As I was past 30 when I finally made a break from a religious worldview it’s tough for me to be as critical of those who still believe. I still consider those things nonsense (and “those things” range from God to ghosts to bigfoot), but as tough as the journey is from young earth creationism to a metaphysical (or perhaps simply methodological) naturalism was for me I recognize I probably shouldn’t presume my time frame to be the “correct” or even obvious one from where we all started in SDA-land.
Prefacing all of it (well I guess it’s a little late to preface now that I’m three paragraphs into this) a recognition that it is, if not a universal truth, at least a broad truth that humans like to think of themselves as part of a group that has the corner on truth and being right. I also recognize that there are inherent difficulties in my own worldview. That worldview entails that while some things are subjective, most claims can be put to a form of scientific inquiry with an intent toward removing bias and false results. What it doesn’t entail is a set of parameters that lets one refer to a list of rules/regulations/edicts and know that X or Y is the right thing to do, or the thing that will give meaning to your day/life.
I think it is reasonably easy for Christians to have a set of precepts set forth, and as long as you’re generally on the right path with those feel reasonably OK with how your life is going and going to turn out. This doesn’t make those precepts right in anyway, but (and it doesn’t always feel this way while living it as I recall) it does make it easier to say to yourself “I’m going to church and learning and sharing about God and that’s going to make my life, and the lives of those around me, better. I’m giving money and time to the church and as part of that I’m helping the world be a better place.”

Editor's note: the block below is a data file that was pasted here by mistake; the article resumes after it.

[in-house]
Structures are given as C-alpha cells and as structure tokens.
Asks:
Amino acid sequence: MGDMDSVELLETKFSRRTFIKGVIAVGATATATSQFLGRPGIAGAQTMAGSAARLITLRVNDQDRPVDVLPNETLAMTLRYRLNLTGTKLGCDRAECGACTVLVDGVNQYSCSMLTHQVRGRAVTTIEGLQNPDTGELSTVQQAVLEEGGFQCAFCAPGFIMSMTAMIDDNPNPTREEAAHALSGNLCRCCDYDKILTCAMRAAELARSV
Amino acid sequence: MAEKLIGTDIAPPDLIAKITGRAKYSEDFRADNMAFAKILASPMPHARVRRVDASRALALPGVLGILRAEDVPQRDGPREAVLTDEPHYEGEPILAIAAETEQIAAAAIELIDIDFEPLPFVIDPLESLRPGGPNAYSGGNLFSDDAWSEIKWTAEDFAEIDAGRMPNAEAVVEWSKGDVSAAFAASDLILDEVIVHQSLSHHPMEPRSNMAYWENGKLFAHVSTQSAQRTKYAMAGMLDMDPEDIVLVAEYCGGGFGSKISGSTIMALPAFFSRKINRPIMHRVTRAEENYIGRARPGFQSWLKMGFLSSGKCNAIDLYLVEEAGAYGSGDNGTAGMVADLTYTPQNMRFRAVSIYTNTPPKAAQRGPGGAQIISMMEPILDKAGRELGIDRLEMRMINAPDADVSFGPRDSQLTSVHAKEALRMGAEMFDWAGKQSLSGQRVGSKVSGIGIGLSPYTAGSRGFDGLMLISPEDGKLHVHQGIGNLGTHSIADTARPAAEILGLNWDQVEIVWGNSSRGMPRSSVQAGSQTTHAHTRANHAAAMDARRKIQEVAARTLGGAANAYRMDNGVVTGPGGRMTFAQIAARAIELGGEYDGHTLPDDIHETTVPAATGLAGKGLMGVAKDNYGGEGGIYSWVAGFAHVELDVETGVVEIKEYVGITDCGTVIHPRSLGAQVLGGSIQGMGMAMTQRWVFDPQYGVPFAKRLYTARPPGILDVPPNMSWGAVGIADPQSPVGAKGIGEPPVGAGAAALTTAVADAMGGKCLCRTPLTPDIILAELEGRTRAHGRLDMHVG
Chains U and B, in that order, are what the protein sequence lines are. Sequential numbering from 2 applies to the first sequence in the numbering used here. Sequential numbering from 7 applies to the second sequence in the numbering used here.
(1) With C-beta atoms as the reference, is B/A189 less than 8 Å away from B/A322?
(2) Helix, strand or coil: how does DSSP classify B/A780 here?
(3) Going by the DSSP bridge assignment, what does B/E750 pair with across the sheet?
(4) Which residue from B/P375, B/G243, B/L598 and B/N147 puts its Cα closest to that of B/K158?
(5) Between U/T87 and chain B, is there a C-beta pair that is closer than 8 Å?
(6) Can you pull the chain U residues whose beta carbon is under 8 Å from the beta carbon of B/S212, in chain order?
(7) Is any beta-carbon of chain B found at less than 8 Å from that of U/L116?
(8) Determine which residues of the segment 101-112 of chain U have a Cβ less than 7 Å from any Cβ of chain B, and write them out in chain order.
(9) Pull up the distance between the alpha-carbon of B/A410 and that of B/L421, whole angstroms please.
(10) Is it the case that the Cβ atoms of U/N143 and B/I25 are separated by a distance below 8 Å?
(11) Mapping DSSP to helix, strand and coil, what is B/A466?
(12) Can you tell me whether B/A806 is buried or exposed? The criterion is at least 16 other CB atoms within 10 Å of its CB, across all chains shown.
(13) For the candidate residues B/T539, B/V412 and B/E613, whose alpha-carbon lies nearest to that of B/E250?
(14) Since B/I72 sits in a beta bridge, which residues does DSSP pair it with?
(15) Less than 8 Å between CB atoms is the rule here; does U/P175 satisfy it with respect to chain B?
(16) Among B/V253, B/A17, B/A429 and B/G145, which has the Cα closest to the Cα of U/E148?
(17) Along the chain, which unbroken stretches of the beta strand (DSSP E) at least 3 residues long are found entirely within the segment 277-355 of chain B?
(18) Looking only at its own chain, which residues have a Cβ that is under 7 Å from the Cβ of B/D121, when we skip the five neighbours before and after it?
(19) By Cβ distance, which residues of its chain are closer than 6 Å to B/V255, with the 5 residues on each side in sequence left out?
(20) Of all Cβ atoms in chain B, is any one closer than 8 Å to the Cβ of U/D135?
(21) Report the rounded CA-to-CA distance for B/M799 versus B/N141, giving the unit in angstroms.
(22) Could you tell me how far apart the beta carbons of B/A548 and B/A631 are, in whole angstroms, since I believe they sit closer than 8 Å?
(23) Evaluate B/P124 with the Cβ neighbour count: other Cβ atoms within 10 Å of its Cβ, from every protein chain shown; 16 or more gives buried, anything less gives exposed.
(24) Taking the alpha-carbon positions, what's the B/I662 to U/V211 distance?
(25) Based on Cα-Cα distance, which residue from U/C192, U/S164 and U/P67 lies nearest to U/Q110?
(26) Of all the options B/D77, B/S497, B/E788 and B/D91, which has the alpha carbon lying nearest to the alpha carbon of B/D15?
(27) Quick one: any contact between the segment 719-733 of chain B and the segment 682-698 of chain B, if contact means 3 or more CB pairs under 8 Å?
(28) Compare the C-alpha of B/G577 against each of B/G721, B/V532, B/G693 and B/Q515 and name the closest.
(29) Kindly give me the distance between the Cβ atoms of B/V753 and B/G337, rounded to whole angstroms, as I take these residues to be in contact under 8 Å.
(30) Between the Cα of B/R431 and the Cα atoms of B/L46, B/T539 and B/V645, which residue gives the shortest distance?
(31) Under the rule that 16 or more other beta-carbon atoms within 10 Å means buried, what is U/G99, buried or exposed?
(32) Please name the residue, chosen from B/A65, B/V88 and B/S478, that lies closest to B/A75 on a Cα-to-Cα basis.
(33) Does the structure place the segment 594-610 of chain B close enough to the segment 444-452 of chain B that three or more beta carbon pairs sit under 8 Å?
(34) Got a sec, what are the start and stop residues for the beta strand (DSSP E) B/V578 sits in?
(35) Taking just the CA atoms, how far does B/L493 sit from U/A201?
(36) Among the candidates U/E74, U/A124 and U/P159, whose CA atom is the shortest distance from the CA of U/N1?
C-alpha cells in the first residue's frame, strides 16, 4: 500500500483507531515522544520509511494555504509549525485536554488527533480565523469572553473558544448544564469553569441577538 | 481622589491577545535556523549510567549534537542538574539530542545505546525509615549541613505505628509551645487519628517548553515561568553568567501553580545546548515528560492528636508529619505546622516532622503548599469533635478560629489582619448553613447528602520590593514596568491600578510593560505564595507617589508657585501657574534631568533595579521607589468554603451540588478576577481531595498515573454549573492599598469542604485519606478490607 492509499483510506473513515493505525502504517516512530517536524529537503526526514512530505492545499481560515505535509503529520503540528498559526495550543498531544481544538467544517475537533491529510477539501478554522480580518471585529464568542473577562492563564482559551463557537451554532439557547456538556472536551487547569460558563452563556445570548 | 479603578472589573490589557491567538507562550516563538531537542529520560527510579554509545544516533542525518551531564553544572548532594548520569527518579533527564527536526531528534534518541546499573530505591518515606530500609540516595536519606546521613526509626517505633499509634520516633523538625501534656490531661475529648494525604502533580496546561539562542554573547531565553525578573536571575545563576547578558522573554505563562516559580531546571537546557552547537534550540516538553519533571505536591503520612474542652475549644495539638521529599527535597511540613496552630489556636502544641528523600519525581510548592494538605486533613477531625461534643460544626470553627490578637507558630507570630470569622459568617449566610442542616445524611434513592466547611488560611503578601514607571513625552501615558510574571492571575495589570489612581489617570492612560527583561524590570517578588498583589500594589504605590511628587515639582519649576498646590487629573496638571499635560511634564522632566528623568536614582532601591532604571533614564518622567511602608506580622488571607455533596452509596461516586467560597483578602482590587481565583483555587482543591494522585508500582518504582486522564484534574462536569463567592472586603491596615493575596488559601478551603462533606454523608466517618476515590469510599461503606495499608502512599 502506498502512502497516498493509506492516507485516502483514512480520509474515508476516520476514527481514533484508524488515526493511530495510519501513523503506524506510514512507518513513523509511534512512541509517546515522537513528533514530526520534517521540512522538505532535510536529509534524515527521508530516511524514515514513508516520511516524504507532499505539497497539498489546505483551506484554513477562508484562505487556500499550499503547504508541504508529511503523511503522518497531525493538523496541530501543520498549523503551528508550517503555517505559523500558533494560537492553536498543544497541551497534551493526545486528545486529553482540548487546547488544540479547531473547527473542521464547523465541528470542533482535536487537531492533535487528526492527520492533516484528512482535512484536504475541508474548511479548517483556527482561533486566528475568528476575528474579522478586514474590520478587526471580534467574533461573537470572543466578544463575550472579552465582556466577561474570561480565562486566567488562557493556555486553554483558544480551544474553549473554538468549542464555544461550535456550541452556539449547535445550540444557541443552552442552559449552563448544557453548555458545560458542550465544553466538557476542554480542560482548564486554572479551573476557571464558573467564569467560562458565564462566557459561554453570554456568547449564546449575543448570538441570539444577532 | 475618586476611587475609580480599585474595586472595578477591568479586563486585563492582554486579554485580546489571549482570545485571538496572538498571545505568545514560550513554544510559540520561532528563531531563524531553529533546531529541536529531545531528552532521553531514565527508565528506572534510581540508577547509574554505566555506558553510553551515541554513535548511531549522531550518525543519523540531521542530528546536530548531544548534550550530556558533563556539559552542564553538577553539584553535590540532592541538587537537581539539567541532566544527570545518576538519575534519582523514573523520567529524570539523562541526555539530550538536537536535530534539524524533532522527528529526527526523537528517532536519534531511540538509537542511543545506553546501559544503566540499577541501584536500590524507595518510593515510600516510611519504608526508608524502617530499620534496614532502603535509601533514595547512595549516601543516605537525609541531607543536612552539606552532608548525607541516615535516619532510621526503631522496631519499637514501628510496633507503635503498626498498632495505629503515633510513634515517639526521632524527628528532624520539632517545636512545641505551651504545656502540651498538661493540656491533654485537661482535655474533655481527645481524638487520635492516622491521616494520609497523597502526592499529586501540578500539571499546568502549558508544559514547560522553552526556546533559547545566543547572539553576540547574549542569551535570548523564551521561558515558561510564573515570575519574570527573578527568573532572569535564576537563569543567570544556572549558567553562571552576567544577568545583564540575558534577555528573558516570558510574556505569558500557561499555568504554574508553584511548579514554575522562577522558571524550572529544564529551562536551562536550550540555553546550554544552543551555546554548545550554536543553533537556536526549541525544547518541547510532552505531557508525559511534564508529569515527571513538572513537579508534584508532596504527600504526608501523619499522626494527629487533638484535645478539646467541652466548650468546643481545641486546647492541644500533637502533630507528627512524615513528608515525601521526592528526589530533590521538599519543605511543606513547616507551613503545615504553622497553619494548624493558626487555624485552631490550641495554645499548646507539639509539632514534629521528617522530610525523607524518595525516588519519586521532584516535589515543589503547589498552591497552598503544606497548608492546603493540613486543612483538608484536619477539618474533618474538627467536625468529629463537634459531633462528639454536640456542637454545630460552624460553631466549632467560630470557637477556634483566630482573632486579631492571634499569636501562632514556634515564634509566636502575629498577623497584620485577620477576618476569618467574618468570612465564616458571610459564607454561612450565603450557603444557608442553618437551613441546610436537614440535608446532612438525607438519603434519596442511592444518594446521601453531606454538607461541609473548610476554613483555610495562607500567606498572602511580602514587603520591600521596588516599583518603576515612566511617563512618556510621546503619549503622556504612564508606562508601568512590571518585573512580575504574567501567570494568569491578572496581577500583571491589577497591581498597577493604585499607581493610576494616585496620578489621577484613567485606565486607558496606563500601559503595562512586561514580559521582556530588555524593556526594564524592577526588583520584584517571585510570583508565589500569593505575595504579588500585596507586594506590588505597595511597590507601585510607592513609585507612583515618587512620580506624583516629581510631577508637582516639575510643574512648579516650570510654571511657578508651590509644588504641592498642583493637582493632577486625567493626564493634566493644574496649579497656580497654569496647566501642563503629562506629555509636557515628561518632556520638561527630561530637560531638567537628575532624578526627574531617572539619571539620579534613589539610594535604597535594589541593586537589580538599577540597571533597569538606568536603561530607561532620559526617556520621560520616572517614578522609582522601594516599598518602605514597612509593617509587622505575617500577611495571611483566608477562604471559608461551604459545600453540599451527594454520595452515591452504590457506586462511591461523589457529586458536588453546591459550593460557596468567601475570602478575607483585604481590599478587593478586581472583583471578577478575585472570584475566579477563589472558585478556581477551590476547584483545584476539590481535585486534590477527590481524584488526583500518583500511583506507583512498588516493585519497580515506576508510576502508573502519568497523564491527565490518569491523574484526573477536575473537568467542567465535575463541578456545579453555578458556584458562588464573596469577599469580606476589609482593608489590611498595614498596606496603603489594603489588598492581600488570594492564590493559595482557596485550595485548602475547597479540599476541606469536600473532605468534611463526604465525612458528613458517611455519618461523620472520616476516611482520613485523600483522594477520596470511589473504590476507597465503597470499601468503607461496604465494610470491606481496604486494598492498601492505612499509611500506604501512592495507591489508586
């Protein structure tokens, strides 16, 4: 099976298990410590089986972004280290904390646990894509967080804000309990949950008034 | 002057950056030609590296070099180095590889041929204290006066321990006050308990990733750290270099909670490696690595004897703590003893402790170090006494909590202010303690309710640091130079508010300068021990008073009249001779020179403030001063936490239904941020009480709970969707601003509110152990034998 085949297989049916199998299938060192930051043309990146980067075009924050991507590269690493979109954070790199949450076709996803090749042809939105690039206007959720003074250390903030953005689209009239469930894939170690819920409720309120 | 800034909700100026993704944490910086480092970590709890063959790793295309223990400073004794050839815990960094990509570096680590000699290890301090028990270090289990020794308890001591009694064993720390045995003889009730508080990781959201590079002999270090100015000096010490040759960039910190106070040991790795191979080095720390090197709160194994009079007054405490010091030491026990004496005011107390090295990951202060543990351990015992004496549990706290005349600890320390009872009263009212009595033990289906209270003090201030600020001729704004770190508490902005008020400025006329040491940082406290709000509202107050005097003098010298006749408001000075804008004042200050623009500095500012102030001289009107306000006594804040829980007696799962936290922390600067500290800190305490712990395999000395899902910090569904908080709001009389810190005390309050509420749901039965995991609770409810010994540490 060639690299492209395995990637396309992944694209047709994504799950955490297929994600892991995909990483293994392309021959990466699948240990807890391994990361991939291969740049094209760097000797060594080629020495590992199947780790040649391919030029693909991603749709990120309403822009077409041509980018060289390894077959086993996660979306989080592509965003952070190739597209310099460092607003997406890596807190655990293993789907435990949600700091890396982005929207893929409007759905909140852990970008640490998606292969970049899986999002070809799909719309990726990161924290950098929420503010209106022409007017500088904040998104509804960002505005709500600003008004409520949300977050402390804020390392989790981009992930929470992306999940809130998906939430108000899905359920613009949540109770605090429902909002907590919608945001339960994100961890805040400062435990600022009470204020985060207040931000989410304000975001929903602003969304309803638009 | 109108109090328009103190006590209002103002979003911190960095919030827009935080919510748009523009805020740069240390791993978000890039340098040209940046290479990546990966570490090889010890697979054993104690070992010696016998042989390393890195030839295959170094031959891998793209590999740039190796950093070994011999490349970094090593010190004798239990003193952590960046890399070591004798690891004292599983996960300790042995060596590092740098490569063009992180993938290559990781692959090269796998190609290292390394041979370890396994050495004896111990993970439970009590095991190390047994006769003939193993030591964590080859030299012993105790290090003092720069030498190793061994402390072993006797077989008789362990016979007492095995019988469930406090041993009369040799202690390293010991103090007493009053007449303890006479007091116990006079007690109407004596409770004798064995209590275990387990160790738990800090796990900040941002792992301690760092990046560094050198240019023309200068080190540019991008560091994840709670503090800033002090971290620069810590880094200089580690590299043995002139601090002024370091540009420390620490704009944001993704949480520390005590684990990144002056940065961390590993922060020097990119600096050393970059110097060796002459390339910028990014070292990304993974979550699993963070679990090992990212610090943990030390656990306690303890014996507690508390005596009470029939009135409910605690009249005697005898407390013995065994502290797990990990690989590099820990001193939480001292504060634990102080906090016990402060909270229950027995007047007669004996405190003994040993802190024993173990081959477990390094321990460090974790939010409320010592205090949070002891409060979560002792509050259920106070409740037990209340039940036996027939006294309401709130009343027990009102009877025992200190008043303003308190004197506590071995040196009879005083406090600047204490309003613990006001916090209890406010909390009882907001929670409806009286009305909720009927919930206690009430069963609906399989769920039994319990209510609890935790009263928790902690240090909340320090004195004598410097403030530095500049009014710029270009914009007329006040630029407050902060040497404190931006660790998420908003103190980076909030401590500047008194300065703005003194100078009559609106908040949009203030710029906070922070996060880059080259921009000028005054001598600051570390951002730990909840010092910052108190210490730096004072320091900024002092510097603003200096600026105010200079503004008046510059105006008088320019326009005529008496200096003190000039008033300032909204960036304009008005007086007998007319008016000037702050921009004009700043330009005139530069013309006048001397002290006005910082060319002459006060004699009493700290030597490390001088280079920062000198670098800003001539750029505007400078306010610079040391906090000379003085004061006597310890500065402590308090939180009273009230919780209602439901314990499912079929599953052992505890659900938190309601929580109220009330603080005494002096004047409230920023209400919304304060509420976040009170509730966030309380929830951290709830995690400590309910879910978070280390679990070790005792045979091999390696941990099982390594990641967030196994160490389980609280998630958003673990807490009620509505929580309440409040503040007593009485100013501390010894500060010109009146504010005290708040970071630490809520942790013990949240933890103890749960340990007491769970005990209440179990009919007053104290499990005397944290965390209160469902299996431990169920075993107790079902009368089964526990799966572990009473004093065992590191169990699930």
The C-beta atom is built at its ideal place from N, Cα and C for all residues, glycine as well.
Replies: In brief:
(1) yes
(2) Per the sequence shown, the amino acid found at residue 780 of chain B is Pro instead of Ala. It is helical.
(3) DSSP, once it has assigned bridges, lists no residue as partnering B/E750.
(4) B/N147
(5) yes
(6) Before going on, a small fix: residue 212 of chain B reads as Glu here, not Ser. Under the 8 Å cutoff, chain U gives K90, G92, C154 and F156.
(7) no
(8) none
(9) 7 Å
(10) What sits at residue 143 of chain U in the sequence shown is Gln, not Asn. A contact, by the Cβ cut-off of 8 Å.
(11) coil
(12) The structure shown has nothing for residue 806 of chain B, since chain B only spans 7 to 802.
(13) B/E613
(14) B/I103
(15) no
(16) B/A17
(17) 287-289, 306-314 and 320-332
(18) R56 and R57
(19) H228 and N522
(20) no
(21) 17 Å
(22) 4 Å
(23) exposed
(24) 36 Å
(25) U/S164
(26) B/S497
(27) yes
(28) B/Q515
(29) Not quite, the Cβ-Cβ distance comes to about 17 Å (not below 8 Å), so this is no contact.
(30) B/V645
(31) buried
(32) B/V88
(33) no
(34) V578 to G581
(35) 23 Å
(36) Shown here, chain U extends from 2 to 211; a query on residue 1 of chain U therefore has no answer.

I know people who consider themselves atheists who don’t, apparently, struggle with this. Life is life, you have fun, you do your job, and all is well. But for me, and I know many others there are two urges that require thoughtful addressing: 1) Primary is one that can be summed up with a Jim Henson quote: “When I was young, my ambition was to be one of the people who made a difference in this world. My hope is to leave the world a little better for having been there. ”
2) Secondary is highly related and boils down to some mixture between “enjoying my life in a meaningful way” and “making a mark”.
These are things I recall struggling with while I was still a believer (not a belieber, let’s not start THAT rumor), but seem much more pointed and pertinent now that I don’t have the fall back of “help move somebody towards christ” to make me feel like I’m not wasting away my life when I’ve churned out 50 hours of work at the day job and haven’t done anything else of note.
The easy answers (to #1 especially), the true false part of the test, involve giving money to things like FAME Africa and Foundation Beyond Belief, but I don’t think that fully answers either question/urge for me. Family is only one part of the answer too. Part of the answer has lately been puppetry related and working with Death By Puppets on things that hopefully promote critical and scientific thinking.
Question #2 has been largely tied to the arts for me. For most of my adult life I’ve had some pretext of attempting to be an author because books have had some of the biggest impacts on my life and I think that’s at least partially true for most people. I think there’s something to be said for Theatre in that realm as well which also goes back to the stories we tell each other as a means of knowing “the other”. In the last 4-5 years that has morphed into puppetry as a thing I do. There is an interesting, to me at least, difference in the modes in which live theatre (and puppetry) can affect you as compared to how books do (and I appreciate them both).
I think the crux is that I don’t want to just go to work and pay the bills, and come home and mindlessly consume entertainment (be that video games or movies or whatever) as much as I want to create (and something less ‘basic animal function’ than just creating kids, as much as I love my kids).
I’m not sure if I’ve wrapped up any thoughts here or just rambled… but there are puppets to build (and laundry to do as well) so I guess I should stop typing.